Grants:IdeaLab/Force people to log in when they edit

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Force people to log in when they edit
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idea creator
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created on08:40, Friday, June 3, 2016 (UTC)

Project idea[edit]

What is the problem you're trying to solve?[edit]

The harassment and vandalizing of Wikipedia pages

What is your solution?[edit]

Force people to log in

Project goals[edit]

Force log in for edits

Use an automated banning system

New users have less rights

Get involved[edit]


  • Volunteer I want to help at this Idea AdriBer10 (talk) 05:19, 7 June 2016 (UTC)
  • Volunteer Anything to help this idea Woowooa (talk) 04:02, 8 June 2016 (UTC)
  • Volunteer I'll do anything I can to help. Horsegeek (talk) 16:23, 8 June 2016 (UTC)
  • Volunteer worked 8 years in video game industry. I'm great with software development cycles (agile/scrum) and would love to try to manage something online. Symphanticade (talk) 04:58, 17 June 2016 (UTC)
  • Volunteer i'm supporting this idea, i think its crucial to identify the people trying to corrupt the page content Santidr (talk) 18:19, 18 June 2016 (UTC)
  • Volunteer It would be great to also have account legitimacy rating. If someone adds a part to a page and I read it and it is wrong I could see and lower that users legitimacy rating and vice versa. Vmaxar (talk) 01:34, 29 June 2016 (UTC)


  • It stops a lot of trolls, most wont take the time to maken new account over and over again. DietrichXD (talk) 09:03, 3 June 2016 (UTC)
  • The benefits of allowing IP editing or multiple anonymous accounts are minimal. The costs are those of vandalism or trollery. It is time to expand personal responsibility by instituting a one-person, one-account and sign-in-to-edit policy, which would make actually banning bad actors possible. Carrite (talk) 10:42, 3 June 2016 (UTC)
  • Good idea Xxanthippe (talk) 10:51, 3 June 2016 (UTC)
  • Because we see far too many racist, sexist or otherwise offensive and threatening comments from unregistered IPs, often using proxies. RolandR (talk) 11:22, 3 June 2016 (UTC)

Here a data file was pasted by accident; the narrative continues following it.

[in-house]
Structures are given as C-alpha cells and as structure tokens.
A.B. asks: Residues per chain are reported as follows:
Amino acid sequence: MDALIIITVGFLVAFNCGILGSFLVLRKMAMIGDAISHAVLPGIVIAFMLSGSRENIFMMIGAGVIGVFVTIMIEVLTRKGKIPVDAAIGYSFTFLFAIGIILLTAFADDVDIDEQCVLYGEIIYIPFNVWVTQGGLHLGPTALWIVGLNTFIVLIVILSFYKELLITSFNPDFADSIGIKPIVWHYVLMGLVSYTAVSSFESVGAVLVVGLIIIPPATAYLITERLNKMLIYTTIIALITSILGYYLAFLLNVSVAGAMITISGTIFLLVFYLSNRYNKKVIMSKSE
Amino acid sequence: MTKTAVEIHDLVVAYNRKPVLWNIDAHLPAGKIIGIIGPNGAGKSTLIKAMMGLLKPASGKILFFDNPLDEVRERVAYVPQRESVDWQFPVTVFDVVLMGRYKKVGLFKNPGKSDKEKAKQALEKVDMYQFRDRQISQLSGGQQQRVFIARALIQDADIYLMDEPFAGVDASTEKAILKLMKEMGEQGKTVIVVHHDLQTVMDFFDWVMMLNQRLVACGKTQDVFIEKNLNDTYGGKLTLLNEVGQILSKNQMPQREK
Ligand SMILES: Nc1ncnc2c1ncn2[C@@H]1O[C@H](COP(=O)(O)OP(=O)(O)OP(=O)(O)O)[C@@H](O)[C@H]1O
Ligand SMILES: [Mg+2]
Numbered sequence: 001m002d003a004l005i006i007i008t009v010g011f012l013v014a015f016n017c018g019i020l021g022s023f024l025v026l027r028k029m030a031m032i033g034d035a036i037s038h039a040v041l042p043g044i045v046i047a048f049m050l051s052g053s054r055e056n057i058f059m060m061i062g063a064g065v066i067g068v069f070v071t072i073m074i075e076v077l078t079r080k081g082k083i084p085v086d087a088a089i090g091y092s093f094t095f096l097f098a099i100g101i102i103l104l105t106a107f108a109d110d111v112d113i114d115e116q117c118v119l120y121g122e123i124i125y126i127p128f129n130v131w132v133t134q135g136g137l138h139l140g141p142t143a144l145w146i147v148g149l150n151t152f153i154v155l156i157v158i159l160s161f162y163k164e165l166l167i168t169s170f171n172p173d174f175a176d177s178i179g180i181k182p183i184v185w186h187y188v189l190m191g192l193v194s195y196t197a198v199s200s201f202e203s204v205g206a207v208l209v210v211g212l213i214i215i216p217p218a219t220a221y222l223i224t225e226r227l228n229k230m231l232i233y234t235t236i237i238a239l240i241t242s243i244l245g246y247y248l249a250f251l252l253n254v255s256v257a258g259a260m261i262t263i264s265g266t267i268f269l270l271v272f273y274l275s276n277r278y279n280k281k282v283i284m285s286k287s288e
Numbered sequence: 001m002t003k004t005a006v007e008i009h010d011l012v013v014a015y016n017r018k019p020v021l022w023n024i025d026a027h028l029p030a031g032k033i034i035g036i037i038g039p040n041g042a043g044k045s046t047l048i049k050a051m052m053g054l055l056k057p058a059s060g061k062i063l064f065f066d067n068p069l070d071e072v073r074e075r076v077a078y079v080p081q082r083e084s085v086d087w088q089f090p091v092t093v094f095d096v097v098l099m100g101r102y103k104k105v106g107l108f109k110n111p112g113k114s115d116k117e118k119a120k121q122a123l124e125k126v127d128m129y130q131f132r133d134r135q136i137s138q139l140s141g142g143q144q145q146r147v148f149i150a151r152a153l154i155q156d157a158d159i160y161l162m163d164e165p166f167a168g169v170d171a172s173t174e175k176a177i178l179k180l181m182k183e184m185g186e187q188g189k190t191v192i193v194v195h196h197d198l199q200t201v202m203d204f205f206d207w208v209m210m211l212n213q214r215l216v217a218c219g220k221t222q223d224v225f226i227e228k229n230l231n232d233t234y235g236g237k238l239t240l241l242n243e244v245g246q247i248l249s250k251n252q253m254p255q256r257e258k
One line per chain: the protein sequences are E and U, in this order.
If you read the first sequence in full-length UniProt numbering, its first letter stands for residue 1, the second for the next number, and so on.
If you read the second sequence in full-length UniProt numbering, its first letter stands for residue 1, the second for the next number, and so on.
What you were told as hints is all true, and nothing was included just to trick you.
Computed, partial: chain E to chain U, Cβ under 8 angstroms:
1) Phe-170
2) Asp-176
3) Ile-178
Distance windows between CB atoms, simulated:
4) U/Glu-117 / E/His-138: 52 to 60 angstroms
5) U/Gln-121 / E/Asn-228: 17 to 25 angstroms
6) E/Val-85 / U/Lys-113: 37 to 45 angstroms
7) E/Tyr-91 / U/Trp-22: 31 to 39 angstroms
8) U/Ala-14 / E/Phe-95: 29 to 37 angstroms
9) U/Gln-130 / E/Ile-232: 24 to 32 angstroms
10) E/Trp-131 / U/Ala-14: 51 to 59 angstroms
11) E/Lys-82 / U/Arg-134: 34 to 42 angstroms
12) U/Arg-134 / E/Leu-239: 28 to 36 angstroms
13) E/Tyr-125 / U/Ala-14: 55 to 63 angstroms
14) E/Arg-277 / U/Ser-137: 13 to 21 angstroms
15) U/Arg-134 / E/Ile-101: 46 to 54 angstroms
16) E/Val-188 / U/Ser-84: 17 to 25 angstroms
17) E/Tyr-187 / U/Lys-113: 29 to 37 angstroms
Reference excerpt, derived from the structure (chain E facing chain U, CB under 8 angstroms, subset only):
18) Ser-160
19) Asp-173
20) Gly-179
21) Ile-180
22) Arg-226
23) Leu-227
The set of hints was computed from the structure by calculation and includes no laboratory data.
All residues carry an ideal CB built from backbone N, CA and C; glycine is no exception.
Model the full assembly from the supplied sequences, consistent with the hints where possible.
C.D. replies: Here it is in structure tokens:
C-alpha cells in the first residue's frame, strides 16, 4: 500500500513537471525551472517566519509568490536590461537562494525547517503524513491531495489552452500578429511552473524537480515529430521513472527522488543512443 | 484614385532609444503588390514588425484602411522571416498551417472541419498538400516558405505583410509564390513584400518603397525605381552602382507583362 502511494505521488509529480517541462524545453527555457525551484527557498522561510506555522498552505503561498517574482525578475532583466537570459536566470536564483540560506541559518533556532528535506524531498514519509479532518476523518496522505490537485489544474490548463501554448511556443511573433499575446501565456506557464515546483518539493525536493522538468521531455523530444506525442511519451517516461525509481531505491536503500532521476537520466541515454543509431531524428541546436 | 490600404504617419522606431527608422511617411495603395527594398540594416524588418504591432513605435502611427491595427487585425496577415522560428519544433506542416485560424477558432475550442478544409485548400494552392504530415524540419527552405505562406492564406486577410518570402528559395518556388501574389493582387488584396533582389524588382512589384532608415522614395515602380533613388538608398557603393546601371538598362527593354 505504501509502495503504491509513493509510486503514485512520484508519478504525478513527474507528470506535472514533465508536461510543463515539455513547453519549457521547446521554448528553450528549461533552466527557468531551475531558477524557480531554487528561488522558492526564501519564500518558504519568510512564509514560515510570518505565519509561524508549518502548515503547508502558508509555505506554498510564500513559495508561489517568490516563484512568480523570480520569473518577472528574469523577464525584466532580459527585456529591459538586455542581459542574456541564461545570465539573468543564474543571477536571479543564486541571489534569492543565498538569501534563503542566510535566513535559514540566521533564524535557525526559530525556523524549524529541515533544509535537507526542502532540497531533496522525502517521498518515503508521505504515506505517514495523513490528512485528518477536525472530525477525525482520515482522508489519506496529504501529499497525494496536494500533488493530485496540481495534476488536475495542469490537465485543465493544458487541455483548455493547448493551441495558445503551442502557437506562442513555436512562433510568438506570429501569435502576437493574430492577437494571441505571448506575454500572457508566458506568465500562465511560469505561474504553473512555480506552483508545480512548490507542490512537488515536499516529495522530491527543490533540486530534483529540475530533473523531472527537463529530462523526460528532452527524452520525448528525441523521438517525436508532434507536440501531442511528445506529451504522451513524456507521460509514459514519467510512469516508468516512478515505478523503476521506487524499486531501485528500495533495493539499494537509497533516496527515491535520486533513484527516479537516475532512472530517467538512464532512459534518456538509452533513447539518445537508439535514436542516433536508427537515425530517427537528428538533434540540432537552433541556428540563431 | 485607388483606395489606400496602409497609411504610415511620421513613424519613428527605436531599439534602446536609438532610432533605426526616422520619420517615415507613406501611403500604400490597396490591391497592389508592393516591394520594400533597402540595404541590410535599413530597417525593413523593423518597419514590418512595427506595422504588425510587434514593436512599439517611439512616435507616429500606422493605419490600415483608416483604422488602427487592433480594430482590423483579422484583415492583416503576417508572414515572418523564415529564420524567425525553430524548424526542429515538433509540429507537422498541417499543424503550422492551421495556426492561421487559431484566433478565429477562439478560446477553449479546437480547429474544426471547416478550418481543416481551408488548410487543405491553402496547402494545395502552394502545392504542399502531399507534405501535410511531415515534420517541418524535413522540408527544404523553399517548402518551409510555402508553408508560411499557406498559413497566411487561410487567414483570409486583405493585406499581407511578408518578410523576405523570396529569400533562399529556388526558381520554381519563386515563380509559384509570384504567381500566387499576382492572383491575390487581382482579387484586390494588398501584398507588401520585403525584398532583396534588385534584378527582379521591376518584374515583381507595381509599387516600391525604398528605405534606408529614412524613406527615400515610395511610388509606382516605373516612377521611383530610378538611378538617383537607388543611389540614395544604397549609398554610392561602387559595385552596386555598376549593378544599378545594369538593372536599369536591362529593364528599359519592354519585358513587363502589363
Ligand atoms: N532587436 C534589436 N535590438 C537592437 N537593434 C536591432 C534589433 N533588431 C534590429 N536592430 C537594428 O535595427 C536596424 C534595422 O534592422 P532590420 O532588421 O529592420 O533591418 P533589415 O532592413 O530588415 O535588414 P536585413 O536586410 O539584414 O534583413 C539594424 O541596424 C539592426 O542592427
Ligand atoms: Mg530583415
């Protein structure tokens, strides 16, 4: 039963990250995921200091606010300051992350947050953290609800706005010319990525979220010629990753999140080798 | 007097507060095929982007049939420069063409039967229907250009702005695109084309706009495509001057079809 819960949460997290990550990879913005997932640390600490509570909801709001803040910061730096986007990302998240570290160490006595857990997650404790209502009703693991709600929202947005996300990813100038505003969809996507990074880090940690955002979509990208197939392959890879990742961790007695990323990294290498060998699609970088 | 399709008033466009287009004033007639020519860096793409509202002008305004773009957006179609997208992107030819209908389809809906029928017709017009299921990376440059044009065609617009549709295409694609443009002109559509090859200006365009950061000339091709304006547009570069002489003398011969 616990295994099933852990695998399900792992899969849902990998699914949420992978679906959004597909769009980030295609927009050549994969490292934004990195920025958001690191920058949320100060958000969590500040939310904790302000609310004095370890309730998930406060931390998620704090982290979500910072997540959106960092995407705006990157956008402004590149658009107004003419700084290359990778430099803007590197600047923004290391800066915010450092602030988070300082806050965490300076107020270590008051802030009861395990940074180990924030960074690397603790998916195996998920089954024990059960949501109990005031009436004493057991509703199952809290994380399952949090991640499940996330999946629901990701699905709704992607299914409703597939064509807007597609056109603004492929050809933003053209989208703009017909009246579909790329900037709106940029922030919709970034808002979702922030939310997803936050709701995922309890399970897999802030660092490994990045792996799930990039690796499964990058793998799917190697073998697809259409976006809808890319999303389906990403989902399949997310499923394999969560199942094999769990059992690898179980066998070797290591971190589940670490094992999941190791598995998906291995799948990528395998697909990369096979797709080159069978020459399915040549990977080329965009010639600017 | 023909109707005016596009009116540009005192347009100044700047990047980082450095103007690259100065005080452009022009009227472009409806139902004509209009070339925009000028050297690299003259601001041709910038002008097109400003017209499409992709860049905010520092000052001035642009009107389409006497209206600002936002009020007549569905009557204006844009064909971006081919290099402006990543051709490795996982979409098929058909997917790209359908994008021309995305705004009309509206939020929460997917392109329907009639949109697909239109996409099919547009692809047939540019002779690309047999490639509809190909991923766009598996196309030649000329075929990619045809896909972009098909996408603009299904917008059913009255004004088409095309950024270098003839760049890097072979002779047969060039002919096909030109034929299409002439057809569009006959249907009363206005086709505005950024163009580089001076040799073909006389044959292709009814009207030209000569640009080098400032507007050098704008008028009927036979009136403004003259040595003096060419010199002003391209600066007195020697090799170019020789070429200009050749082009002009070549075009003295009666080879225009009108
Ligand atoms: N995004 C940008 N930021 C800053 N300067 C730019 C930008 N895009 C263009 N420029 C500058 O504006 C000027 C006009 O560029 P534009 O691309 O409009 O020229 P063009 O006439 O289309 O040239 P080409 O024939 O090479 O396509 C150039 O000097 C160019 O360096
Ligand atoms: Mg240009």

• well increases social pressure to behave according to standards Rikuti (talk) 11:49, 3 June 2016 (UTC)
  • it is a good idea Bluexephos70 (talk) 11:54, 3 June 2016 (UTC)
  • I've been advocating this idea for years. Yes, "anyone can edit" is a fundamental wiki principle; but in view of the ineluctable fact that most vandalism and harassment on WP is IP-generated, wouldn't it make more sense to require all editors to open an account, since "anyone can register" as well? DoctorJoeE (talk) 13:01, 3 June 2016 (UTC)
  • Good idea. Lynda Roy (talk) 13:02, 3 June 2016 (UTC)
  • Good proposal. While it's definitely important to make it easy for users to contribute to Wikipedia, I think the problems that arise from granting everyone (including passing vandals) the privilege of immediate, easy, anonymous editing slightly outweigh the benefits. Creating an account is easy, and shouldn't be an impediment to anyone who honestly wishes to make useful contributions to the project. Huwmanbeing (talk) 13:09, 3 June 2016 (UTC)
  • Should be done long time ago. While I do see good IP edits every now and then - vast majority of them is spam / vandalism / trolling. SkywalkerPL (talk) 13:27, 3 June 2016 (UTC)
  • I have seen a lot of vandalism on Wikipedia, and in most os the time, it comes from unregistered users(the numbers of registered users committing vandalism is very little). Forcing the users to register on Wikipedia would make vandalism fight easier, and it still would be possible for everyone to contribute. Adilson1997 (talk) 15:55, 3 June 2016 (UTC)
  • Wiki has been a great help for my school and college projects. although im am not an active contributer to the site...i well know how harassment is, as some of my friends work as moderators of a Game Forum Traitortanmay 13:35, 3 June 2016 (UTC)
  • Great idea! I believe that the log in will help in solving this problem. Anita (talk) 19:44, 3 June 2016 (UTC)